Within a few months, my relationship with food had indeed changed; but not in the way I’d hoped.  I became extremely obsessive with the aesthetics of food. Each meal had to be perfectly choreographed; the more attractive (and often healthier) the food, the better it felt and subsequently, the more followers I gained. At one point, I even went vegan in a bid to live my best life for the ‘gram. Each meal I had was a question of what looked best, not what I wanted.

It wasn’t until my boyfriend started mocking me for religiously photographing of my food that I started questioning how healthy this new habit really was. Was my pretty account filled with luscious salads and smoothie bowls making anyone’s life better? Was it actually helping me beat bulimia? No.

During this time, I’d been using Instagram as a way of controlling food. By keeping a regimented record of what I was eating online,  I felt like I was in charge, no longer powerless to the pleasures of food. I wasn’t eating intuitively: I was eating what I thought my followers wanted to see. I became so fixated on food I’d constantly compare the quantity and quality of my  meals with everyone else, competing in a dangerous game of ‘who’s the best at recovery’. Ultimately, I’d supplemented one addiction for another under the guise of recovery.

Once I realised I’d been abusing Instagram as a means of control, I knew I had to tackle recovery offline. I deactivated my account and left the ED community behind, looking to friends and family for support in my journey towards a healthier future.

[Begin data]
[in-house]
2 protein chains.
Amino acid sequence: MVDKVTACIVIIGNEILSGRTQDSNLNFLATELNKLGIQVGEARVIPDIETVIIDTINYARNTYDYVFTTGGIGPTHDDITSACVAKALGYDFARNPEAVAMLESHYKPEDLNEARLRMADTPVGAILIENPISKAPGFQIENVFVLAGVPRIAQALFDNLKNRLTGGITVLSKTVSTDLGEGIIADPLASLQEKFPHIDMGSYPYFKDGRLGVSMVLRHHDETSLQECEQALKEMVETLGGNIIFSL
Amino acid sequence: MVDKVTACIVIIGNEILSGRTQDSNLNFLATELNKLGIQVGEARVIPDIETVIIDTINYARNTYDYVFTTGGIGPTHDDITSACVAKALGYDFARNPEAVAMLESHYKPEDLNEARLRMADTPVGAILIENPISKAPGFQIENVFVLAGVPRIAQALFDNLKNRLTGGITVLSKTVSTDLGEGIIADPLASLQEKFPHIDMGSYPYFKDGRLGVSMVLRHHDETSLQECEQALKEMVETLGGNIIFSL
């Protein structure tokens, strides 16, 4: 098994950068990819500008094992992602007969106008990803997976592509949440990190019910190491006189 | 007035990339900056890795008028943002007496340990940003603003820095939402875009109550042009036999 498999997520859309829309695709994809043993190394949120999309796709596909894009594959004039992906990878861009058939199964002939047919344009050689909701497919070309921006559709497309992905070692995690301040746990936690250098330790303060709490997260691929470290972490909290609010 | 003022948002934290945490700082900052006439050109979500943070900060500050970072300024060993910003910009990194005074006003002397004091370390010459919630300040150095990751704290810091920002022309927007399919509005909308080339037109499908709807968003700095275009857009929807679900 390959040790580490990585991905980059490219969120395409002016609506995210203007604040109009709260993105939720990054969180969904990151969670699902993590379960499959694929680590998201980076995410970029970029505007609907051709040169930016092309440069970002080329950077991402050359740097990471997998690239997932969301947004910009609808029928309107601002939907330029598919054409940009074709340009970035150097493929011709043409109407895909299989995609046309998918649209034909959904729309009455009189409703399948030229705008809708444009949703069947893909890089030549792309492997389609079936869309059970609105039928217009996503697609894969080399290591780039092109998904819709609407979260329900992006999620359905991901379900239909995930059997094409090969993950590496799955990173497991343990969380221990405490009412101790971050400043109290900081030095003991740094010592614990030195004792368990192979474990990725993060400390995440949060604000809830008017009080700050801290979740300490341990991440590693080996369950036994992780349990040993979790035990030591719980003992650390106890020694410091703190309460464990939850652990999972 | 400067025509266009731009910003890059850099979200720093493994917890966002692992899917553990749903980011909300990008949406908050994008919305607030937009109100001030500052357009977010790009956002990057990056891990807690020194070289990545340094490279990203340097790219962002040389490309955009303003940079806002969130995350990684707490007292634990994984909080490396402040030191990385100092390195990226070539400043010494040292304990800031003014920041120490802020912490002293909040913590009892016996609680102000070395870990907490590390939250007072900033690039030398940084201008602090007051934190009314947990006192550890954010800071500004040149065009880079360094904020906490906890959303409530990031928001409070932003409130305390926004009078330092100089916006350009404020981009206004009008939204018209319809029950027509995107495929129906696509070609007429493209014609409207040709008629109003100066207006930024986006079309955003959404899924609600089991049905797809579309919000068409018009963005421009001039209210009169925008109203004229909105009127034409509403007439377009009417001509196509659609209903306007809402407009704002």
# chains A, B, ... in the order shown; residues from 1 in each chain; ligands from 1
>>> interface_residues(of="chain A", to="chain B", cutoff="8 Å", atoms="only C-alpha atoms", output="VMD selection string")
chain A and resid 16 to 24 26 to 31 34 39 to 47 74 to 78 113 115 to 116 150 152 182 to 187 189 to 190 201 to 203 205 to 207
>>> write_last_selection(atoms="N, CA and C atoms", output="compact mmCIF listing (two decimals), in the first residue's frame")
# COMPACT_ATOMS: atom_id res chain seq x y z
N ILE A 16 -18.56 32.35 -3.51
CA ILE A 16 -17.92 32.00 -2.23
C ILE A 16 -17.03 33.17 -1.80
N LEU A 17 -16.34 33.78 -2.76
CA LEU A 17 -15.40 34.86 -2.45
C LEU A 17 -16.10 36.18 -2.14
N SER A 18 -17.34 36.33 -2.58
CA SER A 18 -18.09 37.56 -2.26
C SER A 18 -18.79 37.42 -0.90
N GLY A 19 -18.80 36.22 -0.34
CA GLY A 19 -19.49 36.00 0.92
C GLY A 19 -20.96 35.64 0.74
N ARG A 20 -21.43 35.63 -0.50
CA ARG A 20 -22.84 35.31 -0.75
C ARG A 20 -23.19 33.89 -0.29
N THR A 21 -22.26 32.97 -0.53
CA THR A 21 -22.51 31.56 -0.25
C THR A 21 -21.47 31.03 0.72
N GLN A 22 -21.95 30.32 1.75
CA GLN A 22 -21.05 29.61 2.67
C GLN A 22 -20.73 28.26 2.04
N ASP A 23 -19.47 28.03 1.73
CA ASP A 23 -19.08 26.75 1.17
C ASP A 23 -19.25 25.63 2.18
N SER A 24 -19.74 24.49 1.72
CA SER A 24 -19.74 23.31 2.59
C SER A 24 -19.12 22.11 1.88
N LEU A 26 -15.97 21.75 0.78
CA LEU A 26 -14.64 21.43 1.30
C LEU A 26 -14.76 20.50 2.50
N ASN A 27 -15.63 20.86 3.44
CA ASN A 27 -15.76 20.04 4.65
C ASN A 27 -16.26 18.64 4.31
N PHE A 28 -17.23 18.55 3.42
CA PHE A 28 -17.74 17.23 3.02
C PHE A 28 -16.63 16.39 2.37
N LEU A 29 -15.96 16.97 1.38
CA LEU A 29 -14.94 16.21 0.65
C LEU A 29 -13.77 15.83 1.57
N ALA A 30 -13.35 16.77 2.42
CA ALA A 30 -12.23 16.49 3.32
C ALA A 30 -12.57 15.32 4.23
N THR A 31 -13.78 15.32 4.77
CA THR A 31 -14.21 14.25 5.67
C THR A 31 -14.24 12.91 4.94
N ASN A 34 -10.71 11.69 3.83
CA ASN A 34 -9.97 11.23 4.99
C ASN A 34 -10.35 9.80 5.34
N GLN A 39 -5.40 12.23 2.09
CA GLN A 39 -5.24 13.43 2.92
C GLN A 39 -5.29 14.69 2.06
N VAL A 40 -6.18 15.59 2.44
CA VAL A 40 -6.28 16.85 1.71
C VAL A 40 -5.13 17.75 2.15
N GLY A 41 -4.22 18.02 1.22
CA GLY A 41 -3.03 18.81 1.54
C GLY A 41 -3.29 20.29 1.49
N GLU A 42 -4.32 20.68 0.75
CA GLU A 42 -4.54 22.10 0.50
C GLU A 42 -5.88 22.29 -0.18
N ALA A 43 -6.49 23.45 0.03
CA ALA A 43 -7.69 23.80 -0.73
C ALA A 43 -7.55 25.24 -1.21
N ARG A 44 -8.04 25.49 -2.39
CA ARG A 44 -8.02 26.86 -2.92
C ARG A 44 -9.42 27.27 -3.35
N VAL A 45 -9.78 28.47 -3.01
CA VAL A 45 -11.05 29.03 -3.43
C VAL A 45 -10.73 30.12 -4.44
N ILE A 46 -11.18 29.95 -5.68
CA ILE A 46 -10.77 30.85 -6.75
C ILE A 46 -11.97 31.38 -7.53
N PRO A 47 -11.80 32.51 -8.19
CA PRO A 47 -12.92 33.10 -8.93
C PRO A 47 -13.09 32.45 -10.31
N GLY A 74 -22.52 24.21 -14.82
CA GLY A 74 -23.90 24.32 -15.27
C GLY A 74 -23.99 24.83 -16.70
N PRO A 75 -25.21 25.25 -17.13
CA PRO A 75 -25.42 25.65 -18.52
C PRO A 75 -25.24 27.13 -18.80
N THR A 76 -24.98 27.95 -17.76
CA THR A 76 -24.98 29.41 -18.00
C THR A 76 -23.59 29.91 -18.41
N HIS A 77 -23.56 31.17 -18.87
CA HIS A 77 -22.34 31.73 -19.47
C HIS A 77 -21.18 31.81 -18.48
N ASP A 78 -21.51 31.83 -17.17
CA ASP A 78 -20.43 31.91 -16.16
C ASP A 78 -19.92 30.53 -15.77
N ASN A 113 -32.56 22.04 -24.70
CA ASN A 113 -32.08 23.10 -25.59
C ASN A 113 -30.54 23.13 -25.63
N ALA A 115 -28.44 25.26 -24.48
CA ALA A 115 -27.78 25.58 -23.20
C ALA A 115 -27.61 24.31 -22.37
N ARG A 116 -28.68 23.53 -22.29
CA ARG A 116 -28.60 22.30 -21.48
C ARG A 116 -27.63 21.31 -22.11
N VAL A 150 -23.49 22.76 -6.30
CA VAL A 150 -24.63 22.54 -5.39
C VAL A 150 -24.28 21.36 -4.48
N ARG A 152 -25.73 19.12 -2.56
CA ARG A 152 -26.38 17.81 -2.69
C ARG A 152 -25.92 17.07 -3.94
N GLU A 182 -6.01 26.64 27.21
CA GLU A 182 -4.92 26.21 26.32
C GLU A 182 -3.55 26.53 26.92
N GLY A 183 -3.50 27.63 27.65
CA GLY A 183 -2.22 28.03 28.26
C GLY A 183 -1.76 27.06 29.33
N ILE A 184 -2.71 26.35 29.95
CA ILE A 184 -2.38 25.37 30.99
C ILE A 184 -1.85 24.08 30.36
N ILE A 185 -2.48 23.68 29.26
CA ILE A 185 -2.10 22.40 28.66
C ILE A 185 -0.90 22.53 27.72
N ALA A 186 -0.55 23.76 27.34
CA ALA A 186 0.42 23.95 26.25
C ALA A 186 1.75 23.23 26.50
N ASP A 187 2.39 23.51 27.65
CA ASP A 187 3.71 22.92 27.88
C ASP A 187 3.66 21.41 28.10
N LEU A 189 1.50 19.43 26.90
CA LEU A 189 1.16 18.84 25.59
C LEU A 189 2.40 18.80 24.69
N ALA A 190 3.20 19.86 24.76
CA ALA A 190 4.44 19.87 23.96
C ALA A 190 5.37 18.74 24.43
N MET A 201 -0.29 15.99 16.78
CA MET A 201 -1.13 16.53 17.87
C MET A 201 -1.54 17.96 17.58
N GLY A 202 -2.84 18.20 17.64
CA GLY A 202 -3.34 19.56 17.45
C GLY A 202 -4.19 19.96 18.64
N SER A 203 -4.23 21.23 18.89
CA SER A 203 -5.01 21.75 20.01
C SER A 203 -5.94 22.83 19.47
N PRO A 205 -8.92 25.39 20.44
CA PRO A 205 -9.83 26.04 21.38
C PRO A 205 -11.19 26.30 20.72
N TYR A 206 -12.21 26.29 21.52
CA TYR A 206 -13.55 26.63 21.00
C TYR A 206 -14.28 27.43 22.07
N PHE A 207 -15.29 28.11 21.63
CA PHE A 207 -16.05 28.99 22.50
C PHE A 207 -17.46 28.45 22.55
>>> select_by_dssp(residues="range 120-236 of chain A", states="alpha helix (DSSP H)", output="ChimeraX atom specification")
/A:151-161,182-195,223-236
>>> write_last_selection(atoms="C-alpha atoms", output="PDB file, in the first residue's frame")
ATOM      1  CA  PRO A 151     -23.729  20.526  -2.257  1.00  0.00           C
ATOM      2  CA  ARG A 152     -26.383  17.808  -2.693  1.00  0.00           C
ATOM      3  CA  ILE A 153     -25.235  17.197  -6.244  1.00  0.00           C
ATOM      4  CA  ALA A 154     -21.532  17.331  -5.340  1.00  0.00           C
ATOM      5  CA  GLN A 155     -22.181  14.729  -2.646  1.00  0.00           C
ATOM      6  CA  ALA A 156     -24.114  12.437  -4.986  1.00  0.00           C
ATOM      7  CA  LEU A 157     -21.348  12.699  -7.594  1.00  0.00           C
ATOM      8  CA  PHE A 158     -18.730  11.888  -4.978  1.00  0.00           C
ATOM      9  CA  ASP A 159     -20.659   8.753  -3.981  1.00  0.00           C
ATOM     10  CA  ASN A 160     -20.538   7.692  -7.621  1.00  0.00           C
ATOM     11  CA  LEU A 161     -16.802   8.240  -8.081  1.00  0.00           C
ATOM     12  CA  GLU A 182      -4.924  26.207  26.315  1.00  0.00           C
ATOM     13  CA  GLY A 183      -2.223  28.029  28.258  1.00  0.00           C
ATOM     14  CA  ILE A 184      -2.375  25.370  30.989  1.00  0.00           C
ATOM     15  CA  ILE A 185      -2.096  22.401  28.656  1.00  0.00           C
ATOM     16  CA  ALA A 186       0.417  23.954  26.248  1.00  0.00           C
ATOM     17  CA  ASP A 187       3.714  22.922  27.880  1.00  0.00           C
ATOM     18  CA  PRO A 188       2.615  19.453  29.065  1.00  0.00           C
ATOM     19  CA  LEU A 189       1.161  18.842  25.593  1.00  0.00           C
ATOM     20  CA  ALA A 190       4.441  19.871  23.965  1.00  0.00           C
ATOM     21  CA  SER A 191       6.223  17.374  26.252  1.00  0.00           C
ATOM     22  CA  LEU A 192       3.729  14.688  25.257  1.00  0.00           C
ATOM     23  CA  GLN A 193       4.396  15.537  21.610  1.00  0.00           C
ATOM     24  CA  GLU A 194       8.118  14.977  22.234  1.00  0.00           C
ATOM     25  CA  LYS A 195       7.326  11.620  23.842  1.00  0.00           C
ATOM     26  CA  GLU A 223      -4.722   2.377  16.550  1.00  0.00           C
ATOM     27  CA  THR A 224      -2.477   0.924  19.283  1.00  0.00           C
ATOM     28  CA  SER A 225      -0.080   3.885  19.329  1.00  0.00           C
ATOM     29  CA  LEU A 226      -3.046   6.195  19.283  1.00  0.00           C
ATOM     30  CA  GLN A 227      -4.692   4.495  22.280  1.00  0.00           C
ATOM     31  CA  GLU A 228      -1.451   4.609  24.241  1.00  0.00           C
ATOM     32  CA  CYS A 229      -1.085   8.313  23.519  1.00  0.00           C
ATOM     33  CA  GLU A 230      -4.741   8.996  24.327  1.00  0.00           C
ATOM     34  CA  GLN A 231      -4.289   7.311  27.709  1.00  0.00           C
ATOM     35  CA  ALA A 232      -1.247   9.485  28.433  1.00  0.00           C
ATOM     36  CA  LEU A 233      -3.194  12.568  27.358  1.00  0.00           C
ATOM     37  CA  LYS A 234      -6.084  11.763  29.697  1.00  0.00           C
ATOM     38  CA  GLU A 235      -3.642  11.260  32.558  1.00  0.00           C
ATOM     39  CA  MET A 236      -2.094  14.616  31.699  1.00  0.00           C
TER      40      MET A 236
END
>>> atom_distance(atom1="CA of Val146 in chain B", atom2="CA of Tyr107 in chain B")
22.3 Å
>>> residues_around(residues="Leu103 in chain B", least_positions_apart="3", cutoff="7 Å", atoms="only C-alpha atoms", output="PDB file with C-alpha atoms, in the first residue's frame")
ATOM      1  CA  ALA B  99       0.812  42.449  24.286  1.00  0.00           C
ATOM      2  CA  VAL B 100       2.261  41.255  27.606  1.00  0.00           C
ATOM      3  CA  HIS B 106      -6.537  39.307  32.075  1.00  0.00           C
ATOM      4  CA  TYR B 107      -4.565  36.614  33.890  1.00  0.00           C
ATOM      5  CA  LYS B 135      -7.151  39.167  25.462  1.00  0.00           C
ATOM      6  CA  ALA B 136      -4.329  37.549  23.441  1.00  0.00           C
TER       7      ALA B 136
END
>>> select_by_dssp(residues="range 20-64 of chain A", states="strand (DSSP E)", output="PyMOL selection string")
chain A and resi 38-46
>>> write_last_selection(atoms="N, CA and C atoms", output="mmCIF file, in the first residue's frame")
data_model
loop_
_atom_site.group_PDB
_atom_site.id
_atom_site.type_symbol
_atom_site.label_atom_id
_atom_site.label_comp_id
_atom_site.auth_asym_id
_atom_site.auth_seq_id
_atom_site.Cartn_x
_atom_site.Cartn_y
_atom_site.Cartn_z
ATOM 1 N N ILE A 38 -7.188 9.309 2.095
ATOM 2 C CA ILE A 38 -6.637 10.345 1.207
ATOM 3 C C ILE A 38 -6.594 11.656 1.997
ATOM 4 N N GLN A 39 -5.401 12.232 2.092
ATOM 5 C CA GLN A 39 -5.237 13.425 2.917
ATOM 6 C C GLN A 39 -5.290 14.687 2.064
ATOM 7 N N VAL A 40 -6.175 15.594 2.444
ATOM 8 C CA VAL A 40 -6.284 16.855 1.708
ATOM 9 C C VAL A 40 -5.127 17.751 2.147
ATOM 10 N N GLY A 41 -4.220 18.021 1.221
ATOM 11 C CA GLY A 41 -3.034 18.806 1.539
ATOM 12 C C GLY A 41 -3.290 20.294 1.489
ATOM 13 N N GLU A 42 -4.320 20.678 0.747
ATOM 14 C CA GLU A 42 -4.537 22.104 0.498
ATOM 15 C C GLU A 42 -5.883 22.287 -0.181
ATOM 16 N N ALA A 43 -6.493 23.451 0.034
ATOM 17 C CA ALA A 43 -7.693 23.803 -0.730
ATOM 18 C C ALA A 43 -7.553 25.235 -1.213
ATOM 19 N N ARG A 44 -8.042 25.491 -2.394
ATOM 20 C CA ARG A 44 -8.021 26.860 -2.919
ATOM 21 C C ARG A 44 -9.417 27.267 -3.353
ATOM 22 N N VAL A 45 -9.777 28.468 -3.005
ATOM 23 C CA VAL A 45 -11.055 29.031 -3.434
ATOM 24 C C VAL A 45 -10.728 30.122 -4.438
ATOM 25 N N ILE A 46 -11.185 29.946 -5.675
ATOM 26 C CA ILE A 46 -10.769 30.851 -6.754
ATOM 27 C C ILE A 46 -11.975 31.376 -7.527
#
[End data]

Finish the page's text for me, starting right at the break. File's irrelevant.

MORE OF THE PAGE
While Instagram is home to an amazing supportive network of people helping one another through their recovery, it wasn’t the therapy I needed. Defenders of social media often retort that it can open up a world previously impossible to access; it can connect, and build communities. This is all true, and the friendships and stories forged through the new technological era are not to be sneered at, but they also don’t replace reality. Social media is already so well known to harbor addictive, damaging side effects; perhaps it is not the safest place for people in recovery to search for help. I needed to tackle the psychological issues underpinning my bulimia. In time I could return, but for now I had to find an alternate method of recovery.

Having left Instagram behind, I focused on my health and nutrition, not aesthetics. I prioritised my mental wellbeing as opposed to my social media. I sought help from friends and family and began talking openly about my troubles with food as a form of therapy. Being open and honest with others, helped me do the same with myself. It helped me realise that food didn’t have to control me; that my mood shouldn’t and didn’t have to be dependent on my weight. I was more than diet. I was a strong person who’d been suffering but was ready to move on; and you can be too!

If you’re reading this and suffering from any kind of disordered eating, I want you to know that recovery is possible but it’s a journey not a destination. Everyone’s journey is different and the way in which you develop a healthy relationship with food different to somebody else. Recovery is wholly personal and it’s about understanding your disorder and what works best for you. If you find success through social media, then great! Own it. If you don’t, that’s okay too. Just be open and honest with yourself and find the solution that suits you.

Words by Courtney Grover